For an industry still reeling from rounds of layoffs, weak financial reports and an uncertain future, last week’s announcement that Kentucky Power plans to stop burning coal at its Big Sandy Power Plant, in Louisa, comes as unwelcome news for coal operators.
Bill Bissett, president of the Kentucky Coal Association, said Thursday that, while it is too early to tell just what impact the plant’s closure will have on coal mining, industry insiders had already been “very concerned” about the future of Big Sandy. Still, they were aware that stopping coal burning at the plant was a distinct possibility.
“This is very concerning news, but not a major surprise,” Bissett said.
The Big Sandy plant currently burns 2 million tons of coal a year. That demand on the local coal economy would disappear, if the plan to shut down the plant’s 800-megawatt No. 2 generator is approved by the state Public Service Commission. The company would instead obtain its electricity for the region by acquiring a 50 percent stake in a Moundsville, W.Va., plant.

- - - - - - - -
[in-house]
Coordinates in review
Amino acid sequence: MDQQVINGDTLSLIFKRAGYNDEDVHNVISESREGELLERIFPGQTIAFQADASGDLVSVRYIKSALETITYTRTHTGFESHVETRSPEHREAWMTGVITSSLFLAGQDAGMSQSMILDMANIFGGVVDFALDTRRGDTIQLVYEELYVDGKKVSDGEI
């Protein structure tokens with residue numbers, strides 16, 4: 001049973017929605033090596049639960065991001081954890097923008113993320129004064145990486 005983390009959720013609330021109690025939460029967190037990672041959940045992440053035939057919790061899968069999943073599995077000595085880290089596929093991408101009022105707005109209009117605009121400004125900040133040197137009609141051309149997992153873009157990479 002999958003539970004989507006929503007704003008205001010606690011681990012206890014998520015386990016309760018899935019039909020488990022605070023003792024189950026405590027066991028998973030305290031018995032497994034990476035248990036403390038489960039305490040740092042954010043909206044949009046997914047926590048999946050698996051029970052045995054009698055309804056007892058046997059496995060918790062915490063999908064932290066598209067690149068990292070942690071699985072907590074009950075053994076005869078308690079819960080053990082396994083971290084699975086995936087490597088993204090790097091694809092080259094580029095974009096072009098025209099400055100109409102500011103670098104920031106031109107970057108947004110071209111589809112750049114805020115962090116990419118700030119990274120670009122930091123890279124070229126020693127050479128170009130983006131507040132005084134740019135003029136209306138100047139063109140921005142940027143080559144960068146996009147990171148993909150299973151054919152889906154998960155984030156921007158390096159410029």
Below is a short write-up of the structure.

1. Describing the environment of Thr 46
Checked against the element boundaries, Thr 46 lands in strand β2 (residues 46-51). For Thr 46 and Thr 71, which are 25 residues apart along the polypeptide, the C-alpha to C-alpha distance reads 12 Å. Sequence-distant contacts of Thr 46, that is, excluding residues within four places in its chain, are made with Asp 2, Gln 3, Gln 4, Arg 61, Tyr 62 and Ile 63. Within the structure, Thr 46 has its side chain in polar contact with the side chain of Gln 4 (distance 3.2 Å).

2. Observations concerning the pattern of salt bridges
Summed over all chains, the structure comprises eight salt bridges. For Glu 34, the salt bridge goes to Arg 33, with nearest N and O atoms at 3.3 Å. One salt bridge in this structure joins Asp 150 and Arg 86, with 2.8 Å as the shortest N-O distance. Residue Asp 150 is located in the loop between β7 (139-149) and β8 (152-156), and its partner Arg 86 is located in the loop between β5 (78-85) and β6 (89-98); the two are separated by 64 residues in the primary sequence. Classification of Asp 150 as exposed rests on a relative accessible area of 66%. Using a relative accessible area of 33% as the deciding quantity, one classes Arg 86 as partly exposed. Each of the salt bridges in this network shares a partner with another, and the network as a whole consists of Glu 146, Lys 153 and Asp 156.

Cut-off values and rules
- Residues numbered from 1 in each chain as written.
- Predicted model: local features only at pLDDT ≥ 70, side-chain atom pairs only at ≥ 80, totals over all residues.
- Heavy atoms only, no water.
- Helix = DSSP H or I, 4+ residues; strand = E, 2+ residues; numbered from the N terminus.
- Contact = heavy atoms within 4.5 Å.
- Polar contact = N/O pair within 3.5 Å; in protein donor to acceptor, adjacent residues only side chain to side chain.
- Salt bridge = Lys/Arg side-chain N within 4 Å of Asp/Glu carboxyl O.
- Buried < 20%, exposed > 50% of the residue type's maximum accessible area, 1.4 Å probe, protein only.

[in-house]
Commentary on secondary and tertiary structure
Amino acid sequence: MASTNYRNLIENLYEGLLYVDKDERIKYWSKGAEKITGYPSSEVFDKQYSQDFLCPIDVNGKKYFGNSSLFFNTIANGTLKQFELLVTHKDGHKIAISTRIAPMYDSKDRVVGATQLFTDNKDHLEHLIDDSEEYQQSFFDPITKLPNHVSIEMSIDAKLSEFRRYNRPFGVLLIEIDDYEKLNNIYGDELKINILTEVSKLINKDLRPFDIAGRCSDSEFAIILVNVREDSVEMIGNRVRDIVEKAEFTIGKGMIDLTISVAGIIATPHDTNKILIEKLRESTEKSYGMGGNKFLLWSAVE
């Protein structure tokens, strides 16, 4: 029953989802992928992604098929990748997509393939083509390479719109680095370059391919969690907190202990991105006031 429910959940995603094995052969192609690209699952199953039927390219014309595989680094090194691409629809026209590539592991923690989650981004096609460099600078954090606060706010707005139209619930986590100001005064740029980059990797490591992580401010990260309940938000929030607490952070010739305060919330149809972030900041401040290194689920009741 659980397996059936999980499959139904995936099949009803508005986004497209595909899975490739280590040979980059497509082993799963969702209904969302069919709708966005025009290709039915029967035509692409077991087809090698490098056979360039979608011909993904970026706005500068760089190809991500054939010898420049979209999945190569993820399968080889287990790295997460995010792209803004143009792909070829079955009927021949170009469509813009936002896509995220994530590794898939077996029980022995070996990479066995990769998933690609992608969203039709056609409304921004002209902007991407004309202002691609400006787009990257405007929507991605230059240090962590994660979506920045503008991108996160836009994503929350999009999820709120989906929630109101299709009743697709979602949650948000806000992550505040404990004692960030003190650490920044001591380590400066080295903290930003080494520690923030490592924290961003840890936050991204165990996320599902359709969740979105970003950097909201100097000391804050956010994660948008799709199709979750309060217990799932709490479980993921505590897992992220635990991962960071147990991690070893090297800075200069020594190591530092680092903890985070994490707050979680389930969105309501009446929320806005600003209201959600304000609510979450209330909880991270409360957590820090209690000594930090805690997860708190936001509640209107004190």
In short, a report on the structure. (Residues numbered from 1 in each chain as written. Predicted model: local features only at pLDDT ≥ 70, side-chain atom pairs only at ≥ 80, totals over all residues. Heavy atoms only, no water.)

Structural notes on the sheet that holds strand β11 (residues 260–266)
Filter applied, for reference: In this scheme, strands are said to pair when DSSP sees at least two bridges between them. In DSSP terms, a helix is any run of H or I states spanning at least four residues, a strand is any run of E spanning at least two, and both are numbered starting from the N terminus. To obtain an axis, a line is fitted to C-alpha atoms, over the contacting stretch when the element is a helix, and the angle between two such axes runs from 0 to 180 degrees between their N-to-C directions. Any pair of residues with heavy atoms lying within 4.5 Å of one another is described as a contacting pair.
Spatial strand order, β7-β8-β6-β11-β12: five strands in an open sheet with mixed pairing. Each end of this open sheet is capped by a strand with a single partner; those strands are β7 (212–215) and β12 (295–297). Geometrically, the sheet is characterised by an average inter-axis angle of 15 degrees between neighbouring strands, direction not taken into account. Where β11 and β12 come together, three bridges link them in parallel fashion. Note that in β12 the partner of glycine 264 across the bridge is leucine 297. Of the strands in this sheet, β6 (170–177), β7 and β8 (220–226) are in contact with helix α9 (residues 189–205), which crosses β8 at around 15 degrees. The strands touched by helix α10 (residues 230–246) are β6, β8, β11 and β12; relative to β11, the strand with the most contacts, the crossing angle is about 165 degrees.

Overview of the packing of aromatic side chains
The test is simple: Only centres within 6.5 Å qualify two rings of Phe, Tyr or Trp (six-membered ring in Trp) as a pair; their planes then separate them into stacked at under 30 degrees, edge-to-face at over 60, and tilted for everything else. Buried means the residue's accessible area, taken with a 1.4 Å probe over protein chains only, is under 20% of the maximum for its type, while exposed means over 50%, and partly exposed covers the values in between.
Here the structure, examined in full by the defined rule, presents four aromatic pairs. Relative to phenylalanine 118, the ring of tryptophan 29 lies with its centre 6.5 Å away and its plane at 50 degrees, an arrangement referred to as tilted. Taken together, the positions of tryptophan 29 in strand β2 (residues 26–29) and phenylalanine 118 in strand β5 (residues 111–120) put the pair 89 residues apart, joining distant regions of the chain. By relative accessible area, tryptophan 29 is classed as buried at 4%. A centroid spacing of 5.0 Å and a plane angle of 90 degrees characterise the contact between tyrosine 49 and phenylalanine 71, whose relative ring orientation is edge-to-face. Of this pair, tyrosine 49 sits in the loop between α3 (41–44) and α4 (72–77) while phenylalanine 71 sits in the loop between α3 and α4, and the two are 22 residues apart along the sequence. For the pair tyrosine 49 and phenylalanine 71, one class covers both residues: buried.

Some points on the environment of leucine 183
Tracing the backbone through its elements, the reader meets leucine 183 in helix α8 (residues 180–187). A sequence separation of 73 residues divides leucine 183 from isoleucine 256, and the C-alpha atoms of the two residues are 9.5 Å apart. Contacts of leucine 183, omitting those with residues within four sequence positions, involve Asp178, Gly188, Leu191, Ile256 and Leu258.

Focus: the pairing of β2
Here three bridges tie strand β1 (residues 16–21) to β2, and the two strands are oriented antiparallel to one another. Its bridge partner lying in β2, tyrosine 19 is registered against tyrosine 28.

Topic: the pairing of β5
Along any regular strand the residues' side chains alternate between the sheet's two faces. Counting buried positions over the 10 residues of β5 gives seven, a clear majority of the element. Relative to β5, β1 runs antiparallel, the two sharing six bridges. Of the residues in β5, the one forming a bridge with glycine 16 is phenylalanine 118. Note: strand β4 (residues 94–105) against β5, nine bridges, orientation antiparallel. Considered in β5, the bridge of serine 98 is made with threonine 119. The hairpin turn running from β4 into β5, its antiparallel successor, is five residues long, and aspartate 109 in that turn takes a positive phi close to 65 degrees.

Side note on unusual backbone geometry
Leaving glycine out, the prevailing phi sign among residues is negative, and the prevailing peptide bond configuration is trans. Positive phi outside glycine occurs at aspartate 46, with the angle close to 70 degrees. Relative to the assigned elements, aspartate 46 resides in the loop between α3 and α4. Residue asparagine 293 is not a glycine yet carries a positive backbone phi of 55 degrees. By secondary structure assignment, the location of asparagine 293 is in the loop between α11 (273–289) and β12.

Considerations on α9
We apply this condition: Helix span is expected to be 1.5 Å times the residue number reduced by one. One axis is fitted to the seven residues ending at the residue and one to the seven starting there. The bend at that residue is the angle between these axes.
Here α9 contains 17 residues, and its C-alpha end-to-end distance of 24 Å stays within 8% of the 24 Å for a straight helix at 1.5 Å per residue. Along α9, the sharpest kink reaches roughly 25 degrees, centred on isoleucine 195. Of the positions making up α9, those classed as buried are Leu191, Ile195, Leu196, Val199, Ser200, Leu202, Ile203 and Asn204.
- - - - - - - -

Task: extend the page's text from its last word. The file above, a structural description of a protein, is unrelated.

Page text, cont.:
The plant’s older, 276-megawatt No. 1 generator is already slated to stop burning coal in 2015, but company officials say it is uncertain how Kentucky Power will replace its generation capability. The company will seek proposals next year for replacing the generator’s production and could also consider converting it to natural gas.
But Bissett said the current trend away from coal and toward natural gas is extremely short-sighted. He said he believes with certainty that natural gas prices will soon undergo a dramatic rise.
“What is inexpensive today may not be tomorrow,” Bissett said.
Bissett says there are other reasons for concern, “from what we’re seeing in the coal market and a second term for President Obama.”
“We’re a country that is going to use more electricity in the future, and we’re not building power plants, of any kind,” Bissett said.
Bissett said it would be difficult to say what impact the closure will have on Kentucky coal miners, because there is no good way to determine how much of an impact the plant currently has on local coal production or what markets might be available to offset the plant’s loss. He said coal producers are seeing increasing demand for Kentucky coal overseas, and that demand might counter declining demand at home.
“International demand looks very attractive,” Bissett said.